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Depression & Dissociative Disorders (DID)Psychiatrists 

in Atlanta, GA

Approximately 60% of people with depression do not benefit from their initial antidepressant. Even after a year, up to 20% of patients find depression impossible to conquer. Treatment of depression that is assertive from the start is critical to recovery.

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Depression Psychiatrists in Atlanta, GA

There is no agreed-upon definition of treatment-resistant depression among Depression Psychiatrists in Atlanta, GA. Most doctors would agree, however, that your depression is likely therapy resistant if it has not resolved almost completely after adequate trials of at least two different medicines. You must then explore the following techniques to overcome it with the help of your doctor and/or therapist.

Most essential, discuss these treatment options with your doctor, psychiatrist, or therapist, who will do a thorough evaluation of any chosen treatment.

Along the way, you must also:

Make an effort to live well. Consume a well-balanced diet. Exercise every day (to the extent your body allows and your doctor permits). Reduce your smoking and drinking. Make an effort to maintain regular contact with loved ones. When you're depressed, none of this is easy, but overcoming treatment resistance requires you to do your part to the best of your ability.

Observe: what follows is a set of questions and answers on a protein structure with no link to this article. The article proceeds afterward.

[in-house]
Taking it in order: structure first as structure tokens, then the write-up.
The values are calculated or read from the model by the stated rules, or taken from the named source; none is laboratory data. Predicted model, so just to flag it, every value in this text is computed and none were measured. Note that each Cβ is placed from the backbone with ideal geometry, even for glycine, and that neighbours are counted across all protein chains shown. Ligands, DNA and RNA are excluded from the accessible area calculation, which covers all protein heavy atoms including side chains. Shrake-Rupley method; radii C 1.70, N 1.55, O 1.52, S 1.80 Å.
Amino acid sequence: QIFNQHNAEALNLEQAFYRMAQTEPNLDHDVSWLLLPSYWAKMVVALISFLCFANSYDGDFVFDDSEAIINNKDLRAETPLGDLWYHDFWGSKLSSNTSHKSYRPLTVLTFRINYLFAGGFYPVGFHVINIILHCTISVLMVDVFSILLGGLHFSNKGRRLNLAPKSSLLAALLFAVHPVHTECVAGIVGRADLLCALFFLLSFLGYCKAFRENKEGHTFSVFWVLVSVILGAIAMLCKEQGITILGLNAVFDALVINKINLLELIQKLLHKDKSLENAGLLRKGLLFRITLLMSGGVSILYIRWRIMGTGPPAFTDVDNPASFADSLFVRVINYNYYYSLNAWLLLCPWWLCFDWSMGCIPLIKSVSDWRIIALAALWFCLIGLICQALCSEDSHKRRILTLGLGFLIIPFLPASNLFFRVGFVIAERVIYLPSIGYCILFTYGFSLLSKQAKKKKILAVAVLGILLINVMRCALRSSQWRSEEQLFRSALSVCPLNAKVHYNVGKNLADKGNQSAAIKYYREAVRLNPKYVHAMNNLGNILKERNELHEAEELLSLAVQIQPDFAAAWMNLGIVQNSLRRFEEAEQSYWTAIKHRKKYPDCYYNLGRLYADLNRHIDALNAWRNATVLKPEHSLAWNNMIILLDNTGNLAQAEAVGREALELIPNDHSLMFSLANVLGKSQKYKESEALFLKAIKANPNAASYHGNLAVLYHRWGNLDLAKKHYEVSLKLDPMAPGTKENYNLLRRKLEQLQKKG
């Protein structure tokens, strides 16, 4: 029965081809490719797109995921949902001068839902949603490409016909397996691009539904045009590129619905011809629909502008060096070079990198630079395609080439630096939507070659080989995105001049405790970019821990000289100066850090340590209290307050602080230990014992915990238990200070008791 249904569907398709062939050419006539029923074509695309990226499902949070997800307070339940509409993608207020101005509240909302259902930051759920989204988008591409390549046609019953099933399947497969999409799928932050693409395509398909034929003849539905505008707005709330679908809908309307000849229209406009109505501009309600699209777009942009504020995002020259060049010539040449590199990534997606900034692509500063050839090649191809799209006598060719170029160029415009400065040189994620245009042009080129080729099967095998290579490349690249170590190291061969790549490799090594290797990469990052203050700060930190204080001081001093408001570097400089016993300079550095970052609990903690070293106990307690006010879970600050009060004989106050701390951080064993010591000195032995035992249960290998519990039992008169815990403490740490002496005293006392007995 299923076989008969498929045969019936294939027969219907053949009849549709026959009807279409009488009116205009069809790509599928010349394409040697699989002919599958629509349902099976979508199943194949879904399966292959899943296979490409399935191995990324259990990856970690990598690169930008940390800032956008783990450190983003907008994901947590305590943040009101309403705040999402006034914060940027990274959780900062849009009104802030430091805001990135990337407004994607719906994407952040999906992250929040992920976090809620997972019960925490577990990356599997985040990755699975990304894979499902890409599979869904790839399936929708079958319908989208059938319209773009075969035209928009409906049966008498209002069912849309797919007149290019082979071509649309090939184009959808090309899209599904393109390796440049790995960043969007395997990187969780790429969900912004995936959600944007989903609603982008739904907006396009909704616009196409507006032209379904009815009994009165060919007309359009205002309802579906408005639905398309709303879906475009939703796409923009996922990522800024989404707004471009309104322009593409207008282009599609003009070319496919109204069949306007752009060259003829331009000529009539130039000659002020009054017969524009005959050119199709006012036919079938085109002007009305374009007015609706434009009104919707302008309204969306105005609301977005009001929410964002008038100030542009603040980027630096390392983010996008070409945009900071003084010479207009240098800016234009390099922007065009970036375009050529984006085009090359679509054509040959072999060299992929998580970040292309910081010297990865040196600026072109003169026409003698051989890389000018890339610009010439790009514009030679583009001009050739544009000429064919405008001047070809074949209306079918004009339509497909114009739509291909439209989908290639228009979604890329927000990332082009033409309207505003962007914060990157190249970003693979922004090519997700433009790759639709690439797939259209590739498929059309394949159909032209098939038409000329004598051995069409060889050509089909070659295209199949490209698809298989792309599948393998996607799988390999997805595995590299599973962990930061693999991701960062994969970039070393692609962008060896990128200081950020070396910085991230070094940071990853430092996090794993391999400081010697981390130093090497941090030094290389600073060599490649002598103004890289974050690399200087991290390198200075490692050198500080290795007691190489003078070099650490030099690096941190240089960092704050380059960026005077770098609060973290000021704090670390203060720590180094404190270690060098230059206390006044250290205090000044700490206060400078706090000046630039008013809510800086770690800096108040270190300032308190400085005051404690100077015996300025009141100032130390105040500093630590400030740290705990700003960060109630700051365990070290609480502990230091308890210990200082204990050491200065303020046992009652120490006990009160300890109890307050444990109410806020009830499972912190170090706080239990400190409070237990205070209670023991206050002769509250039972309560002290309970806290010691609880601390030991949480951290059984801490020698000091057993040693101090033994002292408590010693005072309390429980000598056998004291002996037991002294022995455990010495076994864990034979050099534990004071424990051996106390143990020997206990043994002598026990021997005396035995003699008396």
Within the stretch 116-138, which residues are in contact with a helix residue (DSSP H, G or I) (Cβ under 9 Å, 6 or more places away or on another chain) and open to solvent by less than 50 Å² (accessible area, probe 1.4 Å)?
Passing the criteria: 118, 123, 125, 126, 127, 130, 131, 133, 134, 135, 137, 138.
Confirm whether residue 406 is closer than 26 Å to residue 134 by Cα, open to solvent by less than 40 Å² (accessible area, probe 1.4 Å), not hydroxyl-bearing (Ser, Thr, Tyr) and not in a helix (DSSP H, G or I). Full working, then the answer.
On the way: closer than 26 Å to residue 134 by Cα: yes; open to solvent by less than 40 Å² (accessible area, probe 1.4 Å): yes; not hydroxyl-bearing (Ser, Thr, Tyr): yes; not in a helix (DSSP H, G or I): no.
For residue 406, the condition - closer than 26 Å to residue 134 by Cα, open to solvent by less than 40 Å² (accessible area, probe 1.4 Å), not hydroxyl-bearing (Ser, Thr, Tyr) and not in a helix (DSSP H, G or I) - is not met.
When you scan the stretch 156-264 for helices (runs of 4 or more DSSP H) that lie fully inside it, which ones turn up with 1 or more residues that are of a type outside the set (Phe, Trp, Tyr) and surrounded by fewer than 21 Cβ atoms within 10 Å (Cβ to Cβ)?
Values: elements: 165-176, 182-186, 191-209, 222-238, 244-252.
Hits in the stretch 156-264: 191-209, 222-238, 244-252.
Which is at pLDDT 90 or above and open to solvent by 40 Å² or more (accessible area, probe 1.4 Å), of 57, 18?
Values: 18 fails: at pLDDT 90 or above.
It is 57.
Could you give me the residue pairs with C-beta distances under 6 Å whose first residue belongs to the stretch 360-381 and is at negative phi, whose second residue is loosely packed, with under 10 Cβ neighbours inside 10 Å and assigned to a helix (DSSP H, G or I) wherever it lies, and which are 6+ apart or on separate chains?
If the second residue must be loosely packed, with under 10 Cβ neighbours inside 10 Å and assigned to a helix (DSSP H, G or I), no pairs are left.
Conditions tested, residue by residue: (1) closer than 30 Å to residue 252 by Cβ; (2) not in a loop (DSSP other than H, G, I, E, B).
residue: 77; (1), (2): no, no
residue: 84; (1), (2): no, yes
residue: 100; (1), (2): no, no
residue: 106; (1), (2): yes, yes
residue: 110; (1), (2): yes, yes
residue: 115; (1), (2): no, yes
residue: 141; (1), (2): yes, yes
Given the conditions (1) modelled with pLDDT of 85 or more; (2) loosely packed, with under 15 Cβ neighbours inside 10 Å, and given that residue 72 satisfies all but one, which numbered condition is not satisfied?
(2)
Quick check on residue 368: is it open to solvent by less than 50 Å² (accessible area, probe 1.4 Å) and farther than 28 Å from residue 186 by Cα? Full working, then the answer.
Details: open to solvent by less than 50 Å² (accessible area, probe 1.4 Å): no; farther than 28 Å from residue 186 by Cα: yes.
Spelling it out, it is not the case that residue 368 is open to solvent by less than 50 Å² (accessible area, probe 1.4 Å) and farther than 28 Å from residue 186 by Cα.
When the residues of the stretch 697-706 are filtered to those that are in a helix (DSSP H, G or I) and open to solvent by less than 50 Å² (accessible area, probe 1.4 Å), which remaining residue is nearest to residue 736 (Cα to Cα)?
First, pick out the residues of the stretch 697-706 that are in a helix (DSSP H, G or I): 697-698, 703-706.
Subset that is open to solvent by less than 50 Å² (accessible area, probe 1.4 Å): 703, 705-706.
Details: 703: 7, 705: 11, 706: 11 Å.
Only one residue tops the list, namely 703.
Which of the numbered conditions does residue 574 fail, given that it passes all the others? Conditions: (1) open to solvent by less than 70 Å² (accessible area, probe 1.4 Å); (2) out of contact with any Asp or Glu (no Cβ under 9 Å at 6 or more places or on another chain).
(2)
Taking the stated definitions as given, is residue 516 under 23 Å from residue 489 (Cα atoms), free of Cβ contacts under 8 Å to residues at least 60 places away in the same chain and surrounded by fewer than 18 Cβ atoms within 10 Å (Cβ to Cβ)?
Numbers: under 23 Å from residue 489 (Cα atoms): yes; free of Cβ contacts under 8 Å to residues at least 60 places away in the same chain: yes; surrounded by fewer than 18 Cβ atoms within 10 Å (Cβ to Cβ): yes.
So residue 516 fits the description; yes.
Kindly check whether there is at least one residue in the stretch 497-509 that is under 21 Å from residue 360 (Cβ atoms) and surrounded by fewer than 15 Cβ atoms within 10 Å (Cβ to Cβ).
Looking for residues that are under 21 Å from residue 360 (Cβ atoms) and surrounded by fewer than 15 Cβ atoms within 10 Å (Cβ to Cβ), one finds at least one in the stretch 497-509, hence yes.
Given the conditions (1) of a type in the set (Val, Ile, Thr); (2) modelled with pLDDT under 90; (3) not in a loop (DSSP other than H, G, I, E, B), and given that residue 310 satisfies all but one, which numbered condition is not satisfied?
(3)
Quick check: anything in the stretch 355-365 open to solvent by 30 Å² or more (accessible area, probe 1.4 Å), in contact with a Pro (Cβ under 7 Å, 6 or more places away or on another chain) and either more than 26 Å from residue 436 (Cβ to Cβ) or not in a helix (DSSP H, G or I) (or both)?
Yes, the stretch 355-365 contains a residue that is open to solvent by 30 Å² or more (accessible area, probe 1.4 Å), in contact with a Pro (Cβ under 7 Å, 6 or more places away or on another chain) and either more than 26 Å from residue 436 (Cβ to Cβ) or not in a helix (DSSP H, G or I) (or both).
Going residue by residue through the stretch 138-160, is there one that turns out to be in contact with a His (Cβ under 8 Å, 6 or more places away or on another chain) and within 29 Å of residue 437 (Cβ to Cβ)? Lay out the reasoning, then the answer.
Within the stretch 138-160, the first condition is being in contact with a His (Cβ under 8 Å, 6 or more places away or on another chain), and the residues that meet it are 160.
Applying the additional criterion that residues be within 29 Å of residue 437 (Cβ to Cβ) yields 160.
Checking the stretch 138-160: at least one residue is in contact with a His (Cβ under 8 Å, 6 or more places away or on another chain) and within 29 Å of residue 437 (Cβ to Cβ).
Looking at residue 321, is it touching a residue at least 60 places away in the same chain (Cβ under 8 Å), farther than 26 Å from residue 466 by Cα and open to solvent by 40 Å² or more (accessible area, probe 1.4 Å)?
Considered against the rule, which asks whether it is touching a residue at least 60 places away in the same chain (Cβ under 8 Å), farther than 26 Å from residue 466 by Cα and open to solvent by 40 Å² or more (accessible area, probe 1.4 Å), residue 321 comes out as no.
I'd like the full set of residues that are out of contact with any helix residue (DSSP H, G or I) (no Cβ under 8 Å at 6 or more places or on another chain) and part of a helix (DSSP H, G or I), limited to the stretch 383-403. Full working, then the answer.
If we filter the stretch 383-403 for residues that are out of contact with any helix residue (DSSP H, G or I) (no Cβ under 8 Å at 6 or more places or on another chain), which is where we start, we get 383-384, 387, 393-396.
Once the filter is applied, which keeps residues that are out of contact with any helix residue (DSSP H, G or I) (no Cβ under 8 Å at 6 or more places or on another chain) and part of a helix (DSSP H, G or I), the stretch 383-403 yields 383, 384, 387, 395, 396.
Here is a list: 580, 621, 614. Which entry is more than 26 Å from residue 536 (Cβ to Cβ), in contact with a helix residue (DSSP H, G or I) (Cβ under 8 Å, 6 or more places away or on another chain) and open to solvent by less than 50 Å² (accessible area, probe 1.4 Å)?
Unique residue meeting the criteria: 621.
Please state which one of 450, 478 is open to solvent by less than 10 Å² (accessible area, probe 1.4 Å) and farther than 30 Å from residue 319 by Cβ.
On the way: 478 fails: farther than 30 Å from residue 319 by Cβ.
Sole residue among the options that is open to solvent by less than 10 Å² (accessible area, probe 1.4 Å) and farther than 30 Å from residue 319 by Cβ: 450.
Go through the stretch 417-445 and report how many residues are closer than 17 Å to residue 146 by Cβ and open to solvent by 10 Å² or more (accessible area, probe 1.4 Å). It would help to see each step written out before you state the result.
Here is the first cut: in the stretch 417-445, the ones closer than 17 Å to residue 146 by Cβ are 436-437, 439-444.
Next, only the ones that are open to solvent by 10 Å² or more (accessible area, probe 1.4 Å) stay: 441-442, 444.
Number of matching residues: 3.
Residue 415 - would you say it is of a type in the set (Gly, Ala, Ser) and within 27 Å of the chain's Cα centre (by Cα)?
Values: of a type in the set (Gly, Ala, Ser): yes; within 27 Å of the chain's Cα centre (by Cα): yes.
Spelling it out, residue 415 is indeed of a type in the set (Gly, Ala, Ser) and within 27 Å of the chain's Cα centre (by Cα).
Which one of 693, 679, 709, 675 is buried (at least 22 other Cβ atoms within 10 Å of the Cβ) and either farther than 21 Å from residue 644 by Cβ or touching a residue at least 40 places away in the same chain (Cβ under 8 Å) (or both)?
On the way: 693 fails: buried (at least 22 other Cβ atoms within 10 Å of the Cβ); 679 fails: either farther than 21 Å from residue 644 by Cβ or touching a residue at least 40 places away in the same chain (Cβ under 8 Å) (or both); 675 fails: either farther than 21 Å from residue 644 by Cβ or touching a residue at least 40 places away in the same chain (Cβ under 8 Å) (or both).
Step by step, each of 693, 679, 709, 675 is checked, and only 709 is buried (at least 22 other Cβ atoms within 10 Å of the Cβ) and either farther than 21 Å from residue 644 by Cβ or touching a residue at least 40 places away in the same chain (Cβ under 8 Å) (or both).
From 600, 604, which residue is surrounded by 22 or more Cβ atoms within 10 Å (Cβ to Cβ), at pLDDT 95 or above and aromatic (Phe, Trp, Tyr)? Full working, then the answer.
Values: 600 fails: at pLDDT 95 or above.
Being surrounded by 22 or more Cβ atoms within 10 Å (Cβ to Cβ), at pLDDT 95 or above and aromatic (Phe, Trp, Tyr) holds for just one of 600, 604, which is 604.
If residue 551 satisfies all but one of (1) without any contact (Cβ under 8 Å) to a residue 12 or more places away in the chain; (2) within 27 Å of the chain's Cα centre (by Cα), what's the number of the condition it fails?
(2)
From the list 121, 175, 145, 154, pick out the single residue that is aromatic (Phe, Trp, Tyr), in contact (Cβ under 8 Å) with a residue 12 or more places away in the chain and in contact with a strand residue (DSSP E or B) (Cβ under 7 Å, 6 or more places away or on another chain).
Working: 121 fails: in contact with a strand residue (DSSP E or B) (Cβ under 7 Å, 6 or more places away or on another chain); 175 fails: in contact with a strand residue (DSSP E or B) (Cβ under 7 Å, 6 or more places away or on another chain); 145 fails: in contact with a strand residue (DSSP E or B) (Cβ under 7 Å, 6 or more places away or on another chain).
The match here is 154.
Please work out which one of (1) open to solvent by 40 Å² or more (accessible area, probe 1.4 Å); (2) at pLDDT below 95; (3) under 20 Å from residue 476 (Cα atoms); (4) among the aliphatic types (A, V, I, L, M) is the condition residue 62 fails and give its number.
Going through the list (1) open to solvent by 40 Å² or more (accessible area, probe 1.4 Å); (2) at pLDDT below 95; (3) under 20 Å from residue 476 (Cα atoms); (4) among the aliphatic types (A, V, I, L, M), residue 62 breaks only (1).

Dissociative Disorders (DID) Psychiatrists in Atlanta, GA

The Dissociative Continuum is a phrase used to describe the evolution of dissociation. Those psychiatrists, psychologists, and social workers who are familiar with dissociative states now universally recognise the existence of this continuum.

People with DID frequently exhibit symptoms of other types of dissociation. People have reported time loss, amnesia, intense feelings of being outside of oneself, and hearing internal dialogues that are not those of one's own identity. DID is a persistent, but treatable, disorder. This dissociative condition is the most stigmatized in society, and it is frequently misdiagnosed as Schizophrenia, a disorder that may be treated with medication.

According to Dissociative Disorders (DID) Psychiatrists in Atlanta, GA, there are no drugs specifically designed to treat DID. Drugs are used to treat symptoms such as sleeplessness, sadness, and anxiety; however, these medications cannot treat the condition itself.

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